we're engaged in dying. Which is it for you?
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Answer: They wouldn't,
If the motive is, indeed, political, than that puts our pharmacy boards in a very bad light. Medical doctors are coming forward to tell the truth and big tech is constantly deleting their testimony. That should tell us something is wrong... There are two videos that you need to see, if they're still there. There're here on my Weblog: click here!
I'd like to hear from you, especially if you have information to share. I'll keep your real name out of the picture, unless you tell me otherwise... Either use the contact form upper left, or use our Contact Page.
|language, but nevertheless, it's extremely enjoyable.
When I added this book to my Reading List, I noted the author's last name, "Morris," which led me by association to a fond remembrance of a small, seemingly unimportant man named Cecil who lived, worked, and died in my hometown. He was a barber whom I spent a good bit of time with in his shop as a young boy.
As I was growing up, after graduation, I stopped going in to get my hairs cut, as I had hair down to my shoulders (and sometimes beyond). One day, on the way to work after electronics school, I stopped to get a trim. This was probably 1970 or 1971. There were his regular following sitting in the shop chatting when he broke out in a cold sweat, calling me a long-haired freak--me, the kid that use to idolize him, sitting in the shop and chitchatting with him, much like these other men!
Needless to say, I was taken aback. When we were done, he asked for $25! His haircuts at the time were $5 or $6.
Now, Only a Fleeting Memory
I didn't go back to Cecil for a long time after that. When I did, I was married with two little girls and it was probably 1985. I was a Mason Shoe's dealer as was Cecil, so we had a lot to chat about, other than catching up on the 15 years that had passed between.
I went to Cecil for some time after that, then I moved to Chicago where to took an associate editor's position with a national magazine. I did not see Cecil after that, so I have no idea whatever happened to him.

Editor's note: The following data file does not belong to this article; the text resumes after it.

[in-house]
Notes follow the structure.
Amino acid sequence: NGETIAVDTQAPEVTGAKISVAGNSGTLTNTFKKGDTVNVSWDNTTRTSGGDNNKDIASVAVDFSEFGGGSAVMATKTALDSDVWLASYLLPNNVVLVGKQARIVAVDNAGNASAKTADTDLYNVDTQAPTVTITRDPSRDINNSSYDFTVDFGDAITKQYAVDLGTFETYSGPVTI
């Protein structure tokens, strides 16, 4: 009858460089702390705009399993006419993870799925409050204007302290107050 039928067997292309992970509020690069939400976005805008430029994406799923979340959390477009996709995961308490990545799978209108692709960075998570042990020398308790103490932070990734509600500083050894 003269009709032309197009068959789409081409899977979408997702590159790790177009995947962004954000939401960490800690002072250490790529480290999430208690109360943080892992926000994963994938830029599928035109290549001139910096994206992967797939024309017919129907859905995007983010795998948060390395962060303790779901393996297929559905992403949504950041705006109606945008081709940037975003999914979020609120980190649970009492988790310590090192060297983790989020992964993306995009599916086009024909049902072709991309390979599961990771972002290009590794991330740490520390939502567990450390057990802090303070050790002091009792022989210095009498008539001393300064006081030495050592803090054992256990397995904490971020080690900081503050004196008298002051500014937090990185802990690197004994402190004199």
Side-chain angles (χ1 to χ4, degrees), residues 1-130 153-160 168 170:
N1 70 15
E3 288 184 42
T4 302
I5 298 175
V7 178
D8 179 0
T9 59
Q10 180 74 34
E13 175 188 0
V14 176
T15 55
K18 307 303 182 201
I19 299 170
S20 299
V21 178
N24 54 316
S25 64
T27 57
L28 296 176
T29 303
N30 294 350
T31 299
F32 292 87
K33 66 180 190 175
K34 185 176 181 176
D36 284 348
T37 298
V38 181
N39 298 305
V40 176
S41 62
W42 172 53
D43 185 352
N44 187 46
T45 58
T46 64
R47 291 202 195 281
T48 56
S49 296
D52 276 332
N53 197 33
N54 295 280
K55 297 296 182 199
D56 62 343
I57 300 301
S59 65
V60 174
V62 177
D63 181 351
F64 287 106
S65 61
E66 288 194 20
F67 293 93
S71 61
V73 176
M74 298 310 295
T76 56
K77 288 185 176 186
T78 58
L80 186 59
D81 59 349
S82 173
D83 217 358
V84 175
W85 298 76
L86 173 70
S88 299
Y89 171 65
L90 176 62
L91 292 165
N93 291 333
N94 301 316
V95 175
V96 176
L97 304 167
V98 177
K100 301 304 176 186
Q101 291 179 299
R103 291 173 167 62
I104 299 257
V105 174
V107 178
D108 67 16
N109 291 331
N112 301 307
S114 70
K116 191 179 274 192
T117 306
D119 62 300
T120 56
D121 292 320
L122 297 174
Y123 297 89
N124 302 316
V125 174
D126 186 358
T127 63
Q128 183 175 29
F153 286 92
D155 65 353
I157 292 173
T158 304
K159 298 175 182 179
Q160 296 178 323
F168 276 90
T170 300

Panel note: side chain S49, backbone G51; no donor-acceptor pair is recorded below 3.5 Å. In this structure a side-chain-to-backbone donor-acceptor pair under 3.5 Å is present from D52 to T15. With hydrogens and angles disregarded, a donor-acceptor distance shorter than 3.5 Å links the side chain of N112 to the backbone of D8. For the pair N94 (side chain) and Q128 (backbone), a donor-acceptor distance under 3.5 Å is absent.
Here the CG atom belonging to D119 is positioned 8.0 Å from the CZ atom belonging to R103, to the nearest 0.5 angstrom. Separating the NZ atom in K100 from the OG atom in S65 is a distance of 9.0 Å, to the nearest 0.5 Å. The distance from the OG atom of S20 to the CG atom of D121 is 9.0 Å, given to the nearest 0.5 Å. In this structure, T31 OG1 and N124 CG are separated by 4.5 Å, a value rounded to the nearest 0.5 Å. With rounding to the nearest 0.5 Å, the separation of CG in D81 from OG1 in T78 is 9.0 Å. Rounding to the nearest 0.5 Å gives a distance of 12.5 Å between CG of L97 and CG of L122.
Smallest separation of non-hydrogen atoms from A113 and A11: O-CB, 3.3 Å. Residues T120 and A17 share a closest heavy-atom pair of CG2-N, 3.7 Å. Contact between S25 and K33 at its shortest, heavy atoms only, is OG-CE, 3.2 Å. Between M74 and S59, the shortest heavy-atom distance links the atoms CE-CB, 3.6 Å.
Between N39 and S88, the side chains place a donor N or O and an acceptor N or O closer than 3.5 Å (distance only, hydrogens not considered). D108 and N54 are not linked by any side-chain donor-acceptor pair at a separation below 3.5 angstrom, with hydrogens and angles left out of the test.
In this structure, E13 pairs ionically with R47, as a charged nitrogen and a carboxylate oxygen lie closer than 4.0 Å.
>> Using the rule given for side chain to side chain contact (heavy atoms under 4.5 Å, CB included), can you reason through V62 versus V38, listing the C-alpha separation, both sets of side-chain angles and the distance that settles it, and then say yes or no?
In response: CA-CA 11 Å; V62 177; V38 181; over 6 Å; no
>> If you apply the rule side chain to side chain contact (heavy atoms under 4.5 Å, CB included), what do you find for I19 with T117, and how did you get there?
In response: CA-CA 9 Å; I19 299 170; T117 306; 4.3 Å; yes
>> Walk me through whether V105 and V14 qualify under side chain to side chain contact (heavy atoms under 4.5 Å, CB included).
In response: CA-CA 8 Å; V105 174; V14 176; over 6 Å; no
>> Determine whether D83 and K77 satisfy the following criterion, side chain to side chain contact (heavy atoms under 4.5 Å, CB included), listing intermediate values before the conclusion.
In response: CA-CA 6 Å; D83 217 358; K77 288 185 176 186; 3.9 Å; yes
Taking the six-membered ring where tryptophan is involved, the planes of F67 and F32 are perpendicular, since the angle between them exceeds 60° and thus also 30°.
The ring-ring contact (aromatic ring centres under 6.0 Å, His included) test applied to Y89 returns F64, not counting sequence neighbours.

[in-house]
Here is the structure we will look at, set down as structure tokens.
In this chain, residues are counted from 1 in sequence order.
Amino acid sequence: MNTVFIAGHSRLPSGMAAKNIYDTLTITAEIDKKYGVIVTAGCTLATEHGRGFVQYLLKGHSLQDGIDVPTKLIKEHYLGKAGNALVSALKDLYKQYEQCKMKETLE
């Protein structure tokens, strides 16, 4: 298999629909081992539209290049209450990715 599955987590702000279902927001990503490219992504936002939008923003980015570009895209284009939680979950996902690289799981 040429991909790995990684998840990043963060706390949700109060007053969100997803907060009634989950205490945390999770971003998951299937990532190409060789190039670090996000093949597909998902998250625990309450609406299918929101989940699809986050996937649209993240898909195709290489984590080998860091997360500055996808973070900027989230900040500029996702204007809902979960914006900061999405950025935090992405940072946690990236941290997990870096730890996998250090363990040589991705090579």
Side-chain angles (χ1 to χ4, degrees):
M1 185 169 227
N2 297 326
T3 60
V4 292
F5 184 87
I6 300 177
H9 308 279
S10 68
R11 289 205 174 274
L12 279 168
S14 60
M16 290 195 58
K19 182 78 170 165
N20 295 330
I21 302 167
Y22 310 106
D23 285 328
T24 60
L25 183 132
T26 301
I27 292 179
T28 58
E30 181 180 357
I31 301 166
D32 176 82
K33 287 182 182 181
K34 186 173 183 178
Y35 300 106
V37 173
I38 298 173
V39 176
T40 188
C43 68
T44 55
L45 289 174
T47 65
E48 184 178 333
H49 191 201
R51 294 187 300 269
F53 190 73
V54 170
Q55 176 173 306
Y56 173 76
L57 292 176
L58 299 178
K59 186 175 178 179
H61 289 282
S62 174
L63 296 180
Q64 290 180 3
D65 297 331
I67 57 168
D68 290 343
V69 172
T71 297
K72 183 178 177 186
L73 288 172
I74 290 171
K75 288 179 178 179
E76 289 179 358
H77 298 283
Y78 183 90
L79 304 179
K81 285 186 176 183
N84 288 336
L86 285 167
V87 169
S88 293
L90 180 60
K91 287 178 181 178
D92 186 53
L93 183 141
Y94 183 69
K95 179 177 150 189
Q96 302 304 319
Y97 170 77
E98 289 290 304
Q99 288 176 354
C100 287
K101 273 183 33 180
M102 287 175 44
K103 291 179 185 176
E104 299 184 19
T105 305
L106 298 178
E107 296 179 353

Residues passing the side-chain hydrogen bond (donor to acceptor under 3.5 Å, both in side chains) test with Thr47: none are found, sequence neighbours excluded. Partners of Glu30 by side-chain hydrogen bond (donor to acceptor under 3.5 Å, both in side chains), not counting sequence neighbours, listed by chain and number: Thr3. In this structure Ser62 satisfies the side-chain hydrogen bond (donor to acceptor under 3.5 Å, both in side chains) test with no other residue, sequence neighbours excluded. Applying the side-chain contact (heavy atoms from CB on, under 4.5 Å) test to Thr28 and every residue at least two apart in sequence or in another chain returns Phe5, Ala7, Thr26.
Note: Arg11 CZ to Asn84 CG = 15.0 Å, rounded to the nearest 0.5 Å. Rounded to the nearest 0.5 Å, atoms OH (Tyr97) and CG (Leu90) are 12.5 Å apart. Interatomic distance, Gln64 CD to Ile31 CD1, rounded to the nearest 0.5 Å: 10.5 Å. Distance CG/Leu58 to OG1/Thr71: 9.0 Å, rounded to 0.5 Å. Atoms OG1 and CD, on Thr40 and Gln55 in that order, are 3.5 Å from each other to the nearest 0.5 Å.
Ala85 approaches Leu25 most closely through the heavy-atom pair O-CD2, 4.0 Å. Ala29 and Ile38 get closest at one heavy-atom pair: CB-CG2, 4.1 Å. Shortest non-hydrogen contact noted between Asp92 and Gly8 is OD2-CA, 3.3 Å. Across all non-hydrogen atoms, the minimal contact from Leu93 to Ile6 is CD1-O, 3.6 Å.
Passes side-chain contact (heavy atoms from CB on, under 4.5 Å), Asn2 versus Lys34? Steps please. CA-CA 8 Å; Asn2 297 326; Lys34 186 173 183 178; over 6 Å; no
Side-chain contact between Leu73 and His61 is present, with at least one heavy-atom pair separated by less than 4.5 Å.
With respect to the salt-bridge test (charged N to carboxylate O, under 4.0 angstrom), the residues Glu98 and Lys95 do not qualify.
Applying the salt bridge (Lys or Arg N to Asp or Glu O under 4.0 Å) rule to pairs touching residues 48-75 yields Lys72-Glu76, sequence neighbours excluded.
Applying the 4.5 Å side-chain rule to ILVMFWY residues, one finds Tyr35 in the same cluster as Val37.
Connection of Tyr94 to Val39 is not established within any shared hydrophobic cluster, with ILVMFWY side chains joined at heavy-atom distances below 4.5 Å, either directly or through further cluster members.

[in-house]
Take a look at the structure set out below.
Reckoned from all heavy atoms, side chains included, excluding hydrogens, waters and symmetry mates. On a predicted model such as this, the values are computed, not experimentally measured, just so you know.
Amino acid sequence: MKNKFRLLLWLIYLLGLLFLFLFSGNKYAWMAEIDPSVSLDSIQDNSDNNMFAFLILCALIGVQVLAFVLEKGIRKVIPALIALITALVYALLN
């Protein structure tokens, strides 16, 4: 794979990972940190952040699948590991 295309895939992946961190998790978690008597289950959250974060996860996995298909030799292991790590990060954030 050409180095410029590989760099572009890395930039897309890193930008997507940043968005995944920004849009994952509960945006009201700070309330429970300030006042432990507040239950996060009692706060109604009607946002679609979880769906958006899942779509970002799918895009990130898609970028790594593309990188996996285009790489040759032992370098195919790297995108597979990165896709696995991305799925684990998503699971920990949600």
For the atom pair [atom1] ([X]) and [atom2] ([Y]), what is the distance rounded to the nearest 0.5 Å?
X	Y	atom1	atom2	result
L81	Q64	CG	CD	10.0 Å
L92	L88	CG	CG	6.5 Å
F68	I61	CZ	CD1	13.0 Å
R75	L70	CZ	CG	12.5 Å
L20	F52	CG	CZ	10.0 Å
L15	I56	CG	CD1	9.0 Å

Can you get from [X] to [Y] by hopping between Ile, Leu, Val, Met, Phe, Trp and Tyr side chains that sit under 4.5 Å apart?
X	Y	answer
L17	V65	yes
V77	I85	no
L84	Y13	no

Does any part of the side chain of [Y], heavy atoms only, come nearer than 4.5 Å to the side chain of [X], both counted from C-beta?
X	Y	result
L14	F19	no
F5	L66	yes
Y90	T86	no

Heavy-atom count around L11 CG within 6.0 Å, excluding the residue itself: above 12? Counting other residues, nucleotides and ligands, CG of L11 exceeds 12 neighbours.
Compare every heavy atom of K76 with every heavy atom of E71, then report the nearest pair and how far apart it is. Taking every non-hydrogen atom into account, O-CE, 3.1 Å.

I decided to share all of this with you because anyone who had had an impact on your life should be recognized.
When I think back to Cecil and his family, who lived in the same neighborhood where I was, I remember that neither of his sons or his wife seemed to pay attention to him, be it out and about or in church. In time, they got a divorce and the sons went on their way, not looking back, or so it seems to me. I agonized for Cecil as I could tell that all of this disturbed him greatly, or at least I believed so.
Allow me to say that Cecil was so unimportant that when I ran a search in the local newspaper's obituary section using every conceivable keywords, he did not show up. In other words, it appears that no one took the time or paid the price to pay their last respects to his sordid life.
For my friends who care and who would like to know, here's a somewhat short explanation regarding how these operations came to be along with an update on my recovery.
As you may or may not recall, a few years ago I began losing my balance and falling. Contrary to what someone we know may have told you, I did a lot of work in our new house in Orient. My problem after chopping and digging out that Formosa Tree in the back became even more problematic.
But before even that, my problems progressed to the point where my legs would just give out, often walking up or down a flight of steps. It became so bad that in November of 2015, when my wife, Linda, was in Michigan visiting with her daughter, I fell and laid on the floor for almost six hours until I got up enough strength to weather the pain of crawling down two flights of steps to my office where I had left my phone. I called the neighbor and he was able to get to me and dial up an ambulance. I had a cat scan at that time and I followed up with my regular doctor who wanted me to go see a specialist, which I did. This was in 2015.
After many tests, Xrays, and MRI’s, it was decided that I had a serious problem at the base of my spine. At the time we had no idea that there was an even more serious problem at the top of my spine. In March of 2016, the doc had me do an EMG, just to make sure there were no other issues. The EMG showed that there was a lot of cross signaling where, according to him, my body was working to find ways to get signals to the right places in the most unorthodox ways.